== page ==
That morning kick
Caffeinated drinks are the most popular way to start the day in the Western world. Around 2002 there was the first appearance of a study linking caffeine to Alzheimer’s Disease. The surprise was the link was that **too little** caffeine increased the risk of dementia. In the following years there has been much more research showing that caffeine lowered the chance of losing your marbles.

Caffeine & dementia
In Alzheimer’s there is a build-up of beta amyloid proteins in the brain that disrupt memory. In mice, caffeine halts the formation of this nasty protein. Caffeine is also anti-inflammatory, helping to protect the brain further as Alzheimer’s is an inflammatory disease of the brain. That may help explain the results of two recent studies.

A European study tracked 676 men, aged 70-90 years, for over 10 years while assessing their cognitive decline. The lowest decline in brain function was observed in the men drinking 3 cups of coffee a day. Those with the greatest decline were the non-coffee drinkers and those drinking more than 4 cups a day. In fact, if you didn’t drink coffee then your brain went downhill four times quicker than if you had three cups a day. I bet nobody would have predicted that last century.

That’s good news for blokes, but can it apply to women too? A more recent European study of 875 women and 534 men, aged 65-79 years, also found a strong correlation between coffee consumption and dementia in both the men and women. Moderate coffee drinkers reduced their risk of dementia by two-thirds compared to non-drinkers after 21 years of follow-up. What is moderate coffee drinking? Between 3-5 cups a day.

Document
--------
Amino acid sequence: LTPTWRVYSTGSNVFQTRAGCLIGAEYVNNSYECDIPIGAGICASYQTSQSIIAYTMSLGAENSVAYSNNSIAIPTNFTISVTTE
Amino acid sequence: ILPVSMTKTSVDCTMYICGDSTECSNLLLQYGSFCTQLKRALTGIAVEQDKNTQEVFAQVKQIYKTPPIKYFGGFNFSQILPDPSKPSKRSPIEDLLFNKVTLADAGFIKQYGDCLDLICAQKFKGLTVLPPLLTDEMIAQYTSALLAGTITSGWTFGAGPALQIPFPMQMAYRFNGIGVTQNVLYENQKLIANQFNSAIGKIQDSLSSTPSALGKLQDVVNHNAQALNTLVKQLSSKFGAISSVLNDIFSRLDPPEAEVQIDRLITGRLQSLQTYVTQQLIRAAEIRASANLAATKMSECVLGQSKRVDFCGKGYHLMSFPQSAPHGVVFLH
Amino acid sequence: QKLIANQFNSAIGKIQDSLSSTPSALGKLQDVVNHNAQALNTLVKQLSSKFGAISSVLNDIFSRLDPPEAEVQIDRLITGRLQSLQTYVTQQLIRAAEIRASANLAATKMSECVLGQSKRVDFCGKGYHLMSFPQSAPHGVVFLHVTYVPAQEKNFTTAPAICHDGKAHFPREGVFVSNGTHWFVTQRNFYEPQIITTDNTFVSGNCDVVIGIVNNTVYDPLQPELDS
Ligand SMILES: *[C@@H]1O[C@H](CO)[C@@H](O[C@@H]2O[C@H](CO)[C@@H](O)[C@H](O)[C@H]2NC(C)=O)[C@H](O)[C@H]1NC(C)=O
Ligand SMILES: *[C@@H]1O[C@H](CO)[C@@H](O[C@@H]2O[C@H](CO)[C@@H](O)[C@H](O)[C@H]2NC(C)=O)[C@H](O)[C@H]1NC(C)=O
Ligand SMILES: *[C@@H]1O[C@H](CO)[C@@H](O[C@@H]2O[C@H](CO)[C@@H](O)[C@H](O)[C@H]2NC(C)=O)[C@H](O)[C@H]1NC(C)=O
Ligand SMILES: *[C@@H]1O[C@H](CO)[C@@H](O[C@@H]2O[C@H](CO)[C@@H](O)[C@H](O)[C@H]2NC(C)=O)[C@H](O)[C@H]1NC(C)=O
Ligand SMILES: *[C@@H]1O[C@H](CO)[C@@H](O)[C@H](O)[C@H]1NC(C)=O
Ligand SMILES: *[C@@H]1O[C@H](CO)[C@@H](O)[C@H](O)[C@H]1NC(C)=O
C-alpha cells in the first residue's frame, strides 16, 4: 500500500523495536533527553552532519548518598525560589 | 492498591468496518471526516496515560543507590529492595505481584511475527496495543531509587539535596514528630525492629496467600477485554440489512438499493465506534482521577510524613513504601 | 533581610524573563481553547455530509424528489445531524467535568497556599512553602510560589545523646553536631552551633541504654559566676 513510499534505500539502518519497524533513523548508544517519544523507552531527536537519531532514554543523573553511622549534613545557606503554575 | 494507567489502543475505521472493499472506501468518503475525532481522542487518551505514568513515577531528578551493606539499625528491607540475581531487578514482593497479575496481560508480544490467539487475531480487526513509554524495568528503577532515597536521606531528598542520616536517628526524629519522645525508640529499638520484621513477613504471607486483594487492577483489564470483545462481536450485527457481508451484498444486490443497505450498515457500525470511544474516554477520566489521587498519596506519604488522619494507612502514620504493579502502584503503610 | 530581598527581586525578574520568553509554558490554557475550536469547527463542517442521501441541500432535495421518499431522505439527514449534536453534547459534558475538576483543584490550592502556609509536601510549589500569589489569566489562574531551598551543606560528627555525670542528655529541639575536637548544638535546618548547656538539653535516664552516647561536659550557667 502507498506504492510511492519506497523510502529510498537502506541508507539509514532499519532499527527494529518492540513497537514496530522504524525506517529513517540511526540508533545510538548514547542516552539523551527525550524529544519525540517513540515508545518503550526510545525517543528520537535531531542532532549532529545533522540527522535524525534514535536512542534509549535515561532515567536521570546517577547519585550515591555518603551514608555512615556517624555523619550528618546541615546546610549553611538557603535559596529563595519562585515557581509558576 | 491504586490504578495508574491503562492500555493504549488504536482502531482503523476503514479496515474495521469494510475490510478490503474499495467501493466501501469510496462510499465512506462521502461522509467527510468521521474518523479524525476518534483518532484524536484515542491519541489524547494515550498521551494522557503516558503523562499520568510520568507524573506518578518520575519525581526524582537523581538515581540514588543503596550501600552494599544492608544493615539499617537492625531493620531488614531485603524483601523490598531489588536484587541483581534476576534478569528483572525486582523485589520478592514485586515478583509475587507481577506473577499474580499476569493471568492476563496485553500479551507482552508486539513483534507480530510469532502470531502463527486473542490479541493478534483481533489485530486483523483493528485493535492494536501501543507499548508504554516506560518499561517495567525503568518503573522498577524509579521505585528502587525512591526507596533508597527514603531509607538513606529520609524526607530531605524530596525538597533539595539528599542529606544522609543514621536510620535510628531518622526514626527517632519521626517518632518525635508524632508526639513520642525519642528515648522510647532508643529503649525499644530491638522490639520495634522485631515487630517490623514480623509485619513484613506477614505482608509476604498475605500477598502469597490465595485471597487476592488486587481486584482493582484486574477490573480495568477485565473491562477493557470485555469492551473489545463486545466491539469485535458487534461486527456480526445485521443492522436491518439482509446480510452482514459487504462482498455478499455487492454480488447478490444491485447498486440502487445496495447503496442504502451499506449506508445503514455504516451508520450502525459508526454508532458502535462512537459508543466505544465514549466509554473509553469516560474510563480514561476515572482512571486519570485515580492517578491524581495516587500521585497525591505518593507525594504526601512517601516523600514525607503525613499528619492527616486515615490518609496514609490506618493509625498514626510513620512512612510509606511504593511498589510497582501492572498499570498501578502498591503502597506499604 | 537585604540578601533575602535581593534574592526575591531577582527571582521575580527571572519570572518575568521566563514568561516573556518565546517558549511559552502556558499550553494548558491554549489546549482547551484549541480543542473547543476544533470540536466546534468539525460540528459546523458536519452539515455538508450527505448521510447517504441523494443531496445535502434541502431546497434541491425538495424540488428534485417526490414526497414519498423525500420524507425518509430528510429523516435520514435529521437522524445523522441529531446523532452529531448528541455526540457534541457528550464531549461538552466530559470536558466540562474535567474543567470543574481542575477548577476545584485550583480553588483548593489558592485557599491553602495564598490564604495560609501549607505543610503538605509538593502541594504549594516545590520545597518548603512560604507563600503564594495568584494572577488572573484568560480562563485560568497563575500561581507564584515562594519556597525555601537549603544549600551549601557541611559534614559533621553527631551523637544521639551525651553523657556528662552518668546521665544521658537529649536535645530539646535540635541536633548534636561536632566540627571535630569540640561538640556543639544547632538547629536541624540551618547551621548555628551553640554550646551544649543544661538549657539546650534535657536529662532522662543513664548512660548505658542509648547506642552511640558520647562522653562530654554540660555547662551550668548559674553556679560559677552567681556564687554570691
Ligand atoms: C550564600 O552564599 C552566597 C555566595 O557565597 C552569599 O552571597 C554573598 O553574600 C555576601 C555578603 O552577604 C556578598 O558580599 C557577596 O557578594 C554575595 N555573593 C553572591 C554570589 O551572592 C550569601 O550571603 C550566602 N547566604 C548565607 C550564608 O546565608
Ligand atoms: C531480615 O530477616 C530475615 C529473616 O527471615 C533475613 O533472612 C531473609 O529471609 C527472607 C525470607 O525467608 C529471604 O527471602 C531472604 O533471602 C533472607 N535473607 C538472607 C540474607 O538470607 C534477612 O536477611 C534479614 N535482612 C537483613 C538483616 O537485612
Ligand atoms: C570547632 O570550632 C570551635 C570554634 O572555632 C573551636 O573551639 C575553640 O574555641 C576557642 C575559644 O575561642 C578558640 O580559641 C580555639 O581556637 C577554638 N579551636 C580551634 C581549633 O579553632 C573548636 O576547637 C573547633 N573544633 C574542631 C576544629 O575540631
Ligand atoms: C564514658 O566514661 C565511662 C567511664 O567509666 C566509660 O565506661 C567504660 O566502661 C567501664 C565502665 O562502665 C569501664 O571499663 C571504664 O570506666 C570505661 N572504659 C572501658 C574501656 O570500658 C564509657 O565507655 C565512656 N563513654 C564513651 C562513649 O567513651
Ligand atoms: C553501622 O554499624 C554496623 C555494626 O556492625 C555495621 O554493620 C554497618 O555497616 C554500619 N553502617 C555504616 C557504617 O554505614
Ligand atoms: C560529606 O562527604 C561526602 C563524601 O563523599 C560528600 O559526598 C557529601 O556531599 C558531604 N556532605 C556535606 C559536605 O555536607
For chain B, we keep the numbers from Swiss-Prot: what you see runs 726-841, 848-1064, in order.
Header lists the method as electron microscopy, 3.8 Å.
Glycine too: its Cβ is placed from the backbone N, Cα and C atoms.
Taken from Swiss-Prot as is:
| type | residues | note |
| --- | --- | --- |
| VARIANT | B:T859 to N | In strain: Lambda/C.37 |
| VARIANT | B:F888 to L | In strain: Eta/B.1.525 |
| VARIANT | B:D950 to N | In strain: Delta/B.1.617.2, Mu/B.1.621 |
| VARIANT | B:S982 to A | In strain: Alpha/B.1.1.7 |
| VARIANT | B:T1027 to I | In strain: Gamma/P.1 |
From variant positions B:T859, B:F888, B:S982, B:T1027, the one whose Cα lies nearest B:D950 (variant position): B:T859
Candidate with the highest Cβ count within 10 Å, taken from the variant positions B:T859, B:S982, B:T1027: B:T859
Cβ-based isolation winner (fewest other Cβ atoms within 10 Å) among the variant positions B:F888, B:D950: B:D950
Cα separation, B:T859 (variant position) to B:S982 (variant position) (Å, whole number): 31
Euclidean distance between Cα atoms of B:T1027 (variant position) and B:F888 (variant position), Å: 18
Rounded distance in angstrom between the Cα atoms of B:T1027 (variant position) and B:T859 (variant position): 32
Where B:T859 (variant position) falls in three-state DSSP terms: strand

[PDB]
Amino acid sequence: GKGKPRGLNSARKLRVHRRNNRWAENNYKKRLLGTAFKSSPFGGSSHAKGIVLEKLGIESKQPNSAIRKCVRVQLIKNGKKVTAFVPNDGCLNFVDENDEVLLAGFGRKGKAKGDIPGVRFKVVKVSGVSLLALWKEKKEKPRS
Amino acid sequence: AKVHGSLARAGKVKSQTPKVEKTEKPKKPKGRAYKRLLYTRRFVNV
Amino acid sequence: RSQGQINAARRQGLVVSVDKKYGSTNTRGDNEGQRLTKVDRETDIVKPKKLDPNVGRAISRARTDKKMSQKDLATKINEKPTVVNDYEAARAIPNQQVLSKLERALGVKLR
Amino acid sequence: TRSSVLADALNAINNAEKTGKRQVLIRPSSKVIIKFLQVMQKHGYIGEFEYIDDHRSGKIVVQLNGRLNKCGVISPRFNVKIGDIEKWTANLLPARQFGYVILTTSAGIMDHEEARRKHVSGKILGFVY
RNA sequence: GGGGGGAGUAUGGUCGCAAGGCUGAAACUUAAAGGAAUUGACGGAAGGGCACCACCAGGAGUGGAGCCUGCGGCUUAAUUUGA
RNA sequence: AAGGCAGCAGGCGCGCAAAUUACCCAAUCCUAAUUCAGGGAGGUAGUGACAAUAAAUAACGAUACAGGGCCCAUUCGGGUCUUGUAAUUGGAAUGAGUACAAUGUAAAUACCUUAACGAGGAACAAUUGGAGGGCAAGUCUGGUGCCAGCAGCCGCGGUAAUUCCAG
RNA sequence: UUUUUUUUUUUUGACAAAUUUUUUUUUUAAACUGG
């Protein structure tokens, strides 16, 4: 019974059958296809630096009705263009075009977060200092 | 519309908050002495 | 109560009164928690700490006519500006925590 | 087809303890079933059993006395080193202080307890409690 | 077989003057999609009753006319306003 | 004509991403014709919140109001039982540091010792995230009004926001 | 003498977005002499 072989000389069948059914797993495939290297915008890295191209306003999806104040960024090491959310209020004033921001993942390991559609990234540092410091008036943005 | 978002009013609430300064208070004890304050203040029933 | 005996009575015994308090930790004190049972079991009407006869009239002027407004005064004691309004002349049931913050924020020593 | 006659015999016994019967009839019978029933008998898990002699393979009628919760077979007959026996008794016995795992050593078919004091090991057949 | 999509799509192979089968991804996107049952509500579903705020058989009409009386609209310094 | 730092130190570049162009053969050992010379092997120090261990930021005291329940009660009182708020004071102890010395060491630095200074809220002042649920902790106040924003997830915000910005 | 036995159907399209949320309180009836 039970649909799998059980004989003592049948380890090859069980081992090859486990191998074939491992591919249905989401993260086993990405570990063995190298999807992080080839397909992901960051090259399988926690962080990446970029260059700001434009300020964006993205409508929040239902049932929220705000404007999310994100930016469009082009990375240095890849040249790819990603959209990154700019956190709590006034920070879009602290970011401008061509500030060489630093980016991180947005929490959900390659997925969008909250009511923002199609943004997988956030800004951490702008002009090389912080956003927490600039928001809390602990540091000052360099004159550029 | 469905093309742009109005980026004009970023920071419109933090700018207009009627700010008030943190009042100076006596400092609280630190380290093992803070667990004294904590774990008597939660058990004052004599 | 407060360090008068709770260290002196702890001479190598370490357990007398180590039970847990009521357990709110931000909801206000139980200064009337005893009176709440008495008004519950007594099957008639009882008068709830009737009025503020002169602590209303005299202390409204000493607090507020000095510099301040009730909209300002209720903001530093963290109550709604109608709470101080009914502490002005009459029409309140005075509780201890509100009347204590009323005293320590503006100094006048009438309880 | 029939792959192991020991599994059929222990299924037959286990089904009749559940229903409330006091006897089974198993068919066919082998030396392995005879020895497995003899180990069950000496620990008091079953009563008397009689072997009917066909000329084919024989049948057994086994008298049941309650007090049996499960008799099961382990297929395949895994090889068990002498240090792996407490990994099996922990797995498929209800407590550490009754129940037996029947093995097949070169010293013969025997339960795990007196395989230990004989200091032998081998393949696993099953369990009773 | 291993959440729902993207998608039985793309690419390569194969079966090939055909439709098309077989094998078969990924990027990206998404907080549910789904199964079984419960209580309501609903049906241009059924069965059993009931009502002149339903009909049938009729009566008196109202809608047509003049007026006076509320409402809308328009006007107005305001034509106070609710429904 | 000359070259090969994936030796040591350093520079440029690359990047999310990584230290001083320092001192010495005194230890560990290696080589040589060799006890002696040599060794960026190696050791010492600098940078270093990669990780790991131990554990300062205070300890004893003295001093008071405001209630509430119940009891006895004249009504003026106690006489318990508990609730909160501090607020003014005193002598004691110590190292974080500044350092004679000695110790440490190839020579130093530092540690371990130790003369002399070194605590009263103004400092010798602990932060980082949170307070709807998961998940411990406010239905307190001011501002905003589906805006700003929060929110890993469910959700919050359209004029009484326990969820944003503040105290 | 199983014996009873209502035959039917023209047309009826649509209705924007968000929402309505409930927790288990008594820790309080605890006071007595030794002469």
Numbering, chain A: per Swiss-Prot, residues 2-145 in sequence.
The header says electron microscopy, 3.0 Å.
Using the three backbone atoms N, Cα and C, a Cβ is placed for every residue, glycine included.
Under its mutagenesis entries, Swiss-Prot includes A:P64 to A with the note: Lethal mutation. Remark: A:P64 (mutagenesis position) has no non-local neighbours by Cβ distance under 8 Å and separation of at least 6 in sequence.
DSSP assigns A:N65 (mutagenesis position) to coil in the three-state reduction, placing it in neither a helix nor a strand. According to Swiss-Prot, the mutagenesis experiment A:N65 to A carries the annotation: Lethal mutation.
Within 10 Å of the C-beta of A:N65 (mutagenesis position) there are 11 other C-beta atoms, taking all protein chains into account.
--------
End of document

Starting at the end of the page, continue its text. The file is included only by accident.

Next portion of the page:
The dose makes the poison
The single most difficult concept to get across to the media and the public is the concept of hormosis, that is, health is not a linear model, it is usually a J or U-shaped curve. We have spoken about this before with alcohol – there is a healthy level of drinking (1-2 standard drinks a day max) either side of which there is less benefit, or a negative effect with heavy drinking (4+ standard drinks a day). The J-shaped curve seems to apply to caffeine too. The least risk of dementia is for 3-5 cups a day, either side of which there appears to be little benefit.

What does it all mean?
The researchers aren’t sure if it is the caffeine alone that works or if other compounds in coffee help, as coffee has anti-oxidant phenolics and any combination of these could be offering protection to the brain. Coffee drinkers have a reduced risk of Parkinson’s Disease and type 2 diabetes as well, but no-one is too sure why. Apart from being anti-inflammatory, caffeine has magnesium that makes insulin more sensitive, reducing diabetes and in turn reducing the risk of dementia. Who knows, but the future may have coffee, or even Red Bull, recommended as a health drink!

While it all looks promising for enjoying a modest amount of coffee, I can’t get too enthused because I don’t drink coffee and the dementia story doesn’t apply for us tea drinkers.

References: European Journal of Clinical Nutrition 2007; 61: 226-232 / Journal of Alzheimer’s Disease 2009; 16: 85-91

How much caffeine do you consume?

It is very difficult to know the exact amount of caffeine that anyone consumes. You can buy tea bags that come in regular, strong and extra strong, all with differing caffeine levels. Then you might be a jiggler or dangler, all influencing your caffeine intake. Be aware that green tea has the same amount of caffeine as regular tea. A strong cup of coffee will provide about 80mg caffeine, about the same as an “energy” drink. A five minute brew of tea is around 30-50mg caffeine. Two teaspoons of Milo or drinking chocolate has about 2mg caffeine. A can of regular or diet cola will have about 50mg caffeine. Dark chocolate will have around 60mg of caffeine in a 100g block.

If caffeine alone is proven to slow cognitive decline, then the above research hints that somewhere in the region of 150-300mg caffeine is a healthy “dose”.